Macomb complied, and M‘Glassin, who had arisen from a sick-bed, sallied out in the gloom with his men, from whose gun-locks the flints were removed, crossed the Saranac about half way between Fort Brown and the upper bridge, and, unobserved, reached the foot of the hill on which the battery was rising. There he divided his men into two parties. One went to the rear of the battery by a circuitous route, and, when all was ready, he shouted "Charge! men, charge! upon the front and rear!" His men rushed forward with frightful yells. The British, believing overwhelming numbers were upon them, fled precipitately to their main body. The work was taken, the guns were spiked, and M‘Glassin returned without the loss of a single man. Over three hundred veteran troops had been surprised and frightened into flight by only fifty men, and Sir George Prevost was much mortified.

The morning of the 11th dawned brightly, and at an early hour in the forenoon the British land and naval forces were in motion for a combined attack on the Americans. Prevost had arranged the movement with Downie. It was agreed that when the British squadron should be seen approaching Cumberland Head, the advance of the army, under Major General Robinson, should press forward, force the fords of the Saranac, climb the steep banks, and with ladders escalade the American works on the peninsula, while the several batteries around Plattsburg village should open a brisk fire.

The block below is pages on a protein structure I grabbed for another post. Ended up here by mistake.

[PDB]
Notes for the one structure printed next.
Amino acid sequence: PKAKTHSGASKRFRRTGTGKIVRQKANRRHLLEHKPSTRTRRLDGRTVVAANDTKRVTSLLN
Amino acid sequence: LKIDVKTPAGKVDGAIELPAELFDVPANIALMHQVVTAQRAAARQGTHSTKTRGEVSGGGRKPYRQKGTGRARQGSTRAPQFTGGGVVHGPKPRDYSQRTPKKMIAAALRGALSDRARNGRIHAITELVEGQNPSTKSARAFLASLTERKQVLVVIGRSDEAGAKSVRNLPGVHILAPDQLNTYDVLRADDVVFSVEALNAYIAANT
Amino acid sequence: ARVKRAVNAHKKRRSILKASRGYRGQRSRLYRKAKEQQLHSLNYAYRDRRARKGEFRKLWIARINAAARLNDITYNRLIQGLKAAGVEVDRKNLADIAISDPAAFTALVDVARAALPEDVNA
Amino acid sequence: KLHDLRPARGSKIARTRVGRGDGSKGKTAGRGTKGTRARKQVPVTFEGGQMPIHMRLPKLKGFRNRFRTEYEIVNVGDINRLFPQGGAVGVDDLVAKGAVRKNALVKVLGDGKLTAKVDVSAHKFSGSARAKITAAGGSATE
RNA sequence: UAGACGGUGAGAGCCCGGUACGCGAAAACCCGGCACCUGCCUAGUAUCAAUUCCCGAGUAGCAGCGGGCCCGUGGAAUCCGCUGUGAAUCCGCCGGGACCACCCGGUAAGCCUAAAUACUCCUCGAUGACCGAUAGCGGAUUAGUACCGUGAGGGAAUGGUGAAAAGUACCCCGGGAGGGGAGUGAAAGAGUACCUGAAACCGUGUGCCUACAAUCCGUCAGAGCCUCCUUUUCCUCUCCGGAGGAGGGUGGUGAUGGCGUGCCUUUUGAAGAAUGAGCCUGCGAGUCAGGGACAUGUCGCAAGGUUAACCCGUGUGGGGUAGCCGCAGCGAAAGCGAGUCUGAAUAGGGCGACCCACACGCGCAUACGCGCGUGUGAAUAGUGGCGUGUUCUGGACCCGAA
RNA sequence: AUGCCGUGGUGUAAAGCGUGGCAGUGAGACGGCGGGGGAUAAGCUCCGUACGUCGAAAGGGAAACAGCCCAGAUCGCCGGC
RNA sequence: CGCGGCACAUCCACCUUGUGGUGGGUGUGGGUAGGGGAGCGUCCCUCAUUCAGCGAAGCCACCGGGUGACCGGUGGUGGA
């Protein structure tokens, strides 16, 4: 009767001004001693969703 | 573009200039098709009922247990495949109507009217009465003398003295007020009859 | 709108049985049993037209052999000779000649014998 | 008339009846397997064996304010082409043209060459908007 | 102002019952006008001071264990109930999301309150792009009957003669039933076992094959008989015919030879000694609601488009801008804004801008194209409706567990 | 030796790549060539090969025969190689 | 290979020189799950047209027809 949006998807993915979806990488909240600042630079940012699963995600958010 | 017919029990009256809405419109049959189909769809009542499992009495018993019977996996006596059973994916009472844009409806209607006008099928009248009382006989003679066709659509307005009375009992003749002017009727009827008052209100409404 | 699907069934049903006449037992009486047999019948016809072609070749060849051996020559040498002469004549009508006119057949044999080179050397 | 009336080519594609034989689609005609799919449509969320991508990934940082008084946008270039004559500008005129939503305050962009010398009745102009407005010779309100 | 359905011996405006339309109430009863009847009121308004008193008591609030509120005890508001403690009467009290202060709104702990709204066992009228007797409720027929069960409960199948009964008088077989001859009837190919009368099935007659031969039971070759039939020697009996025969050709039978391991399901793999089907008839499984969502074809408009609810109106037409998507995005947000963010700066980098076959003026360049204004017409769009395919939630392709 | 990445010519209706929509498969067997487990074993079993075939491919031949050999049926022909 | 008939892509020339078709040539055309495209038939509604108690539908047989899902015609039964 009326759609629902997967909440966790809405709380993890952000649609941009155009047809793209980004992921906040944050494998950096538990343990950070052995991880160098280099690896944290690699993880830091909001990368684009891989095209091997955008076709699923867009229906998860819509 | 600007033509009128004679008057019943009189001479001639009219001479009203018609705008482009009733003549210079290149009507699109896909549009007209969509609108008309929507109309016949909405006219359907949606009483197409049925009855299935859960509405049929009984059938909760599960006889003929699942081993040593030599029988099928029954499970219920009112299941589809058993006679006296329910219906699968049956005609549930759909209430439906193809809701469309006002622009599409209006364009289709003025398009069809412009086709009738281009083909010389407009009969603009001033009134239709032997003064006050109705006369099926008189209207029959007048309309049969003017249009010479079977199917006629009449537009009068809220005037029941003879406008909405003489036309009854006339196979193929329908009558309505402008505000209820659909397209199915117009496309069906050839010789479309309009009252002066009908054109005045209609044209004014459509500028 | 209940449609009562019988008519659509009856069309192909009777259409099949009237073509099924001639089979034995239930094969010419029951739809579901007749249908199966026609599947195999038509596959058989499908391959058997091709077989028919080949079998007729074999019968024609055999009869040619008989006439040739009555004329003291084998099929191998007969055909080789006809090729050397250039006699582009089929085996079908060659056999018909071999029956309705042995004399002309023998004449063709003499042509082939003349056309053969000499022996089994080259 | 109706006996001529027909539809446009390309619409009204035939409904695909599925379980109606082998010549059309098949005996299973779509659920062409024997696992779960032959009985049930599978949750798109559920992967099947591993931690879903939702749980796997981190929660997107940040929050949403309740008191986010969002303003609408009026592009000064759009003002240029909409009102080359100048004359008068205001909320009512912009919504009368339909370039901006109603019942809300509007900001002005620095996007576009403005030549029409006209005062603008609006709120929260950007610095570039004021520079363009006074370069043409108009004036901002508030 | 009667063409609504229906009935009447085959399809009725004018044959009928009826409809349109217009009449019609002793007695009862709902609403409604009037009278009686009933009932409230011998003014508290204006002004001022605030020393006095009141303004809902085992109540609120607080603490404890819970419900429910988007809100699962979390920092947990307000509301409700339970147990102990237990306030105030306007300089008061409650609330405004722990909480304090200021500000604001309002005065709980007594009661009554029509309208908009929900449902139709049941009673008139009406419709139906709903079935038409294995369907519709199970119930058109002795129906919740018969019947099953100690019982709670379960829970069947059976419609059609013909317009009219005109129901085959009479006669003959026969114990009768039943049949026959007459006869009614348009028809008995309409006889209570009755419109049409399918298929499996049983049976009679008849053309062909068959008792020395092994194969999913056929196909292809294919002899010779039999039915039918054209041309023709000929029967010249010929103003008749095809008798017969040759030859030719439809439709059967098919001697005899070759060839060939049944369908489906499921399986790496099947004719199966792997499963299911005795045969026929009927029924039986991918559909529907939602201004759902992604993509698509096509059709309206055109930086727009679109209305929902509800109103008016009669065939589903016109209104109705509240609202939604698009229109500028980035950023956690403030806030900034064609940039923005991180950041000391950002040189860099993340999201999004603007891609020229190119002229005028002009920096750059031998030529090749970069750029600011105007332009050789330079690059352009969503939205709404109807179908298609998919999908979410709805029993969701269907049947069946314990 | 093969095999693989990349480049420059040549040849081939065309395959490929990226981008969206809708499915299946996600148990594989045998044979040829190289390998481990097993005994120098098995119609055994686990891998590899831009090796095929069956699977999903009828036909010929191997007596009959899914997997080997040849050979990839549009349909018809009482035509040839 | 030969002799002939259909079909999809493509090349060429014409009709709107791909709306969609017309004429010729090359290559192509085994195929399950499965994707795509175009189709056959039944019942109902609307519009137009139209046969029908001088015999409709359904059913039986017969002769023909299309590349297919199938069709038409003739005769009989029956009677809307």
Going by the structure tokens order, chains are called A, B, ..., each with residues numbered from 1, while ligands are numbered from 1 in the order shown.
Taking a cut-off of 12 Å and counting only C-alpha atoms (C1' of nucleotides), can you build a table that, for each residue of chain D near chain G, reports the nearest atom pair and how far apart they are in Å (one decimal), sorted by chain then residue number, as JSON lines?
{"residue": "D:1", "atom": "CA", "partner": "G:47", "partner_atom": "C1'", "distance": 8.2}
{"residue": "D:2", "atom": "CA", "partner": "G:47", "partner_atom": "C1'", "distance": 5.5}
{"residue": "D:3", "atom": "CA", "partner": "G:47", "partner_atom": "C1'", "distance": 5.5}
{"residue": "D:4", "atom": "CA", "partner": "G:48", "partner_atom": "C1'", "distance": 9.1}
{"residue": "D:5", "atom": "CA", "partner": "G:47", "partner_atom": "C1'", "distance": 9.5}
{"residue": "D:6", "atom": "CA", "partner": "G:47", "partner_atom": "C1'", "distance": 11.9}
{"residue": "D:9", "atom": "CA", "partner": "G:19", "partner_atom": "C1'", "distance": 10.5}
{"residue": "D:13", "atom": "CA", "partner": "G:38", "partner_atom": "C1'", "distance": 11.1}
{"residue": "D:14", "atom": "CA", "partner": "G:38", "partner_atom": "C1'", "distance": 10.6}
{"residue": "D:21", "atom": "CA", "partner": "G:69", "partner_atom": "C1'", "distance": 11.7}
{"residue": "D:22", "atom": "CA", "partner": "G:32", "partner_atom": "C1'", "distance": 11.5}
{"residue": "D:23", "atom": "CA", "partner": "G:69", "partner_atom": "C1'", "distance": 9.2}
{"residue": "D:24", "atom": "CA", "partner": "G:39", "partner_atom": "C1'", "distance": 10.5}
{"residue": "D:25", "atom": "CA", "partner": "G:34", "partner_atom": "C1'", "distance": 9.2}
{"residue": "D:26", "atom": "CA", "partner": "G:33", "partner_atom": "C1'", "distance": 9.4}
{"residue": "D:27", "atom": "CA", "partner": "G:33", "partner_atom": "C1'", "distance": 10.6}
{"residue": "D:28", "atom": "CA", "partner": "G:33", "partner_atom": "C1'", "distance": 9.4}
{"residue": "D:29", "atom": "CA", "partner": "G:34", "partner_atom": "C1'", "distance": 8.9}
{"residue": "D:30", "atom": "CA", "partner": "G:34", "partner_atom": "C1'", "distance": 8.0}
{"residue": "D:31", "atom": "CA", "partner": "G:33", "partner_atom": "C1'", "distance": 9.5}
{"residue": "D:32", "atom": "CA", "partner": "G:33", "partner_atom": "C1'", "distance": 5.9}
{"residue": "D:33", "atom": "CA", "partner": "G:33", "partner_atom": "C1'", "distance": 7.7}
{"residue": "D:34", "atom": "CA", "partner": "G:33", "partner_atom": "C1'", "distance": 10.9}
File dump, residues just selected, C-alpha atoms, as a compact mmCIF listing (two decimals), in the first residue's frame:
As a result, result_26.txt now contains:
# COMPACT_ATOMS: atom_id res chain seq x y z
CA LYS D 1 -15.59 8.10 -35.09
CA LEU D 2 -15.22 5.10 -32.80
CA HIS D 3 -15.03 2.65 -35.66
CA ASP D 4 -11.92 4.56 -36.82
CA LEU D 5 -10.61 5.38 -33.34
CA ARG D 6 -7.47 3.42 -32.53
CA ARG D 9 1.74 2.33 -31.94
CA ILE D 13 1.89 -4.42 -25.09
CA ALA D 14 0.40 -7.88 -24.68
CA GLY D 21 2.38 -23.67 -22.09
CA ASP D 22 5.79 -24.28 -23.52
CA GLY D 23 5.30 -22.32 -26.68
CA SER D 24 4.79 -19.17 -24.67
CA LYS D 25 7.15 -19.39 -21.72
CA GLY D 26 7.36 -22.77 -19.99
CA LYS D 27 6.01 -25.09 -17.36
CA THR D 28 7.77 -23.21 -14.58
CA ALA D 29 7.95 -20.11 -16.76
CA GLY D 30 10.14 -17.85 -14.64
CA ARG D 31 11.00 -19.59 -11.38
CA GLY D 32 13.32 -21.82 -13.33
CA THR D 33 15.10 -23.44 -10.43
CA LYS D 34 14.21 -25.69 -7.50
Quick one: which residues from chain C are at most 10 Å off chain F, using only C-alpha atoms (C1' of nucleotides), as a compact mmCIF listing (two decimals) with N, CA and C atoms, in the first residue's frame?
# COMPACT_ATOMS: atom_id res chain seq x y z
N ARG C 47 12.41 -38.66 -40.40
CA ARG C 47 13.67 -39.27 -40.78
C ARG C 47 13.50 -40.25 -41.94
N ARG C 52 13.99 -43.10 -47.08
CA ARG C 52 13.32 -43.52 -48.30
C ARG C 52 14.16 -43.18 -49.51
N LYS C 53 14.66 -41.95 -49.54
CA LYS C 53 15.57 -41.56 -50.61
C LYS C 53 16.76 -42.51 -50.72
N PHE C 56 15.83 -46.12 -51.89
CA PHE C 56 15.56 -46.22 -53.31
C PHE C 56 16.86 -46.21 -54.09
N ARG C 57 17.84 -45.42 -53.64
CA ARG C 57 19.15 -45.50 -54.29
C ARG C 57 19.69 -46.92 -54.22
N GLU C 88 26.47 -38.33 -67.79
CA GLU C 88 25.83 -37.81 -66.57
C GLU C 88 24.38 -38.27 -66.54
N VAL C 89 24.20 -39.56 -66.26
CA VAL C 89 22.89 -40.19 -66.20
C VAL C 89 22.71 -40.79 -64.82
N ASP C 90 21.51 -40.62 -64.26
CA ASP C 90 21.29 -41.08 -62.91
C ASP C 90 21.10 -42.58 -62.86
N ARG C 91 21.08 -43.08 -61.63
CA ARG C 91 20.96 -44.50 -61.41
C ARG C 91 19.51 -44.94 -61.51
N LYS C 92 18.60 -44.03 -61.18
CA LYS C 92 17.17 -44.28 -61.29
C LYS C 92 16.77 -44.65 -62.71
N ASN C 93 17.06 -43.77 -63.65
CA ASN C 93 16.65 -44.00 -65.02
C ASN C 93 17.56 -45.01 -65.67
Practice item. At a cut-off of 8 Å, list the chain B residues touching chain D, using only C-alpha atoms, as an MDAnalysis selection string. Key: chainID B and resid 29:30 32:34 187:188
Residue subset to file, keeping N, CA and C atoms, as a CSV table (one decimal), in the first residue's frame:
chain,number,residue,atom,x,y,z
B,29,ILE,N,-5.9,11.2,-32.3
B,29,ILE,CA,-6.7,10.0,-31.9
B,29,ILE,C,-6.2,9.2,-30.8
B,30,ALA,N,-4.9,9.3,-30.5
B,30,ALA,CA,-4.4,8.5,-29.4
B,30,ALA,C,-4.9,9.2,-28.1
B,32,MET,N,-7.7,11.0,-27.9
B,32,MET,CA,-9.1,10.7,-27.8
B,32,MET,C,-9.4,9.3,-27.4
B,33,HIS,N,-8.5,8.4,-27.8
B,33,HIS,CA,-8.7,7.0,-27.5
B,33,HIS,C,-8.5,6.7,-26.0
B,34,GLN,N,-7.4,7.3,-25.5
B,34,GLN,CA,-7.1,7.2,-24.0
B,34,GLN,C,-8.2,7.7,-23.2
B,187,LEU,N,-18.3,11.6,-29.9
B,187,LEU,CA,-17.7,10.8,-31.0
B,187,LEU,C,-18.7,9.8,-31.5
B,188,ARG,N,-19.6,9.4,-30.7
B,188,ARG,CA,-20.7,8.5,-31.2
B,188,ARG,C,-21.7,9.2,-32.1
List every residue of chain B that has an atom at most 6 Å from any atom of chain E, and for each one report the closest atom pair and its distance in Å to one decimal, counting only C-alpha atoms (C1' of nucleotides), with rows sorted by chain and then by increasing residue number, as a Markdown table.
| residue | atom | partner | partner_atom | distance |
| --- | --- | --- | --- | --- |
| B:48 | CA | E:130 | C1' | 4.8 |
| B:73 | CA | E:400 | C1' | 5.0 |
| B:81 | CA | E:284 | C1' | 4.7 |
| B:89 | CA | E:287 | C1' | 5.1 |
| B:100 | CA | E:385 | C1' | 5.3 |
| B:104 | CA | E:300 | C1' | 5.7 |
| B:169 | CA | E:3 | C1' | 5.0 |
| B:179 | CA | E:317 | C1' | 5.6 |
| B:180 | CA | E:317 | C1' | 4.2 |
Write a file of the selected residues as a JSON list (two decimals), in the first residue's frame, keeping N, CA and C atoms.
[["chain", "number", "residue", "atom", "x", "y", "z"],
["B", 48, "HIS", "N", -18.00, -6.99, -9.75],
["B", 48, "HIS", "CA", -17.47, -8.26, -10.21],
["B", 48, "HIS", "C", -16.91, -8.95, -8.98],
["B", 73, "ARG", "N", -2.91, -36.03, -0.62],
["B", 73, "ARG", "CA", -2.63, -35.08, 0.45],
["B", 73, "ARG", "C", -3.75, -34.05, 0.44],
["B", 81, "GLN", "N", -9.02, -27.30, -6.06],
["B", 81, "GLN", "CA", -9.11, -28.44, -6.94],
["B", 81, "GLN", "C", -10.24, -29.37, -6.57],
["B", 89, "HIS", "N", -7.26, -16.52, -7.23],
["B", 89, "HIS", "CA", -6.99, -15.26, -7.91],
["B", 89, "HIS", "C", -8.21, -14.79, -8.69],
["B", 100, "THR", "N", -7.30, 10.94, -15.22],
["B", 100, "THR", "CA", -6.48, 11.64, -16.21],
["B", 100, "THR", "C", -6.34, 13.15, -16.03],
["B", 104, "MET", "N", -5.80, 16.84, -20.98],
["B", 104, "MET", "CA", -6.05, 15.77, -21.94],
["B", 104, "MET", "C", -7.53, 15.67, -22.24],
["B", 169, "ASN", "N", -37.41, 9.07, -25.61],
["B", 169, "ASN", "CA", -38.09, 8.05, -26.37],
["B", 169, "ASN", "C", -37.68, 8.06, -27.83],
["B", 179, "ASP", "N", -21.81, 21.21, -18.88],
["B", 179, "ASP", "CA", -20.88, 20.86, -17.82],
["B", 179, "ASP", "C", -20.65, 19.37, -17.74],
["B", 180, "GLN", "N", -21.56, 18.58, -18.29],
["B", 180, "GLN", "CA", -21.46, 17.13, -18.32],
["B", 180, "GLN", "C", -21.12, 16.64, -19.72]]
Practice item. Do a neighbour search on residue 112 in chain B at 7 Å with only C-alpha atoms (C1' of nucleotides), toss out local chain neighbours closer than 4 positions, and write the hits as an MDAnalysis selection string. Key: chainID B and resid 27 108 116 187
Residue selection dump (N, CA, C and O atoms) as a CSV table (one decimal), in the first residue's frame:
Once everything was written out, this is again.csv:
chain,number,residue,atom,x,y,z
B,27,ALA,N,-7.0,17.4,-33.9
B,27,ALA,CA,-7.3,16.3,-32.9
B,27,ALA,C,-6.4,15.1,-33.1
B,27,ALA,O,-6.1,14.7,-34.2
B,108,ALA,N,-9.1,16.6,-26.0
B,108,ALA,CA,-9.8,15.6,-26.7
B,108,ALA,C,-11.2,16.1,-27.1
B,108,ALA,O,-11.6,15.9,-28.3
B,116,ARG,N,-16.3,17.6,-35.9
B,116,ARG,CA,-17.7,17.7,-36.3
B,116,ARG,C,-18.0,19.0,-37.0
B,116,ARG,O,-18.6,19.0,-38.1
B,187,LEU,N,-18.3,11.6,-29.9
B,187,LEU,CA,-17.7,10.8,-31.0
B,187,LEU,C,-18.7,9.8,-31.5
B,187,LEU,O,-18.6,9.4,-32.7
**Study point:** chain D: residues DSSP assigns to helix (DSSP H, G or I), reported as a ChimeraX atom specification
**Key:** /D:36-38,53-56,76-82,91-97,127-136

Between seven and eight o’clock the squadron was seen advancing, and at eight it rounded Cumberland Head. It consisted of the frigate Confiance, 38, Downie’s flagship; the brig Linnet, 16, Captain Pring; the sloops Chub, Lieutenant M‘Ghee, and Finch, 33 Lieutenant Hicks, carrying 11 guns each; and twelve gun-boats, manned by about forty-five men each. Eight of them carried 2 guns, and four of them 1 gun each. At that moment Macdonough’s squadron lay in Cumberland or Plattsburg Bay, on a line north from Crab Island, and almost parallel with the shore, at an average distance of two miles from it. On the extreme left, and at the head of the line, were two galleys at anchor, and next to them lay the brig Eagle, 26, Captain Henley, just within the point of Cumberland Head. Next south of her was the Saratoga, 26, Macdonough’s flag-ship; and the next in line was the schooner Ticonderoga, 17, Lieutenant Cassin. Next southward in the line lay the Preble, Lieutenant Charles Budd, armed with 7 guns. 34 This vessel lay so near the shoal extending northeast from Crab Island, that it was impossible for the enemy to turn that end of the line. In the rear of these larger vessels were ten gun-boats or galleys, six of them mounting one long 24-pounder and one 18-pound Columbiad each, and the other four carrying each a 12-pounder. These were so arranged as to fill up the openings between the larger vessels in the line, making the order of battle in two lines, about forty rods apart. The larger vessels were at anchor, while the gun-boats were kept in position by the use of oars. 35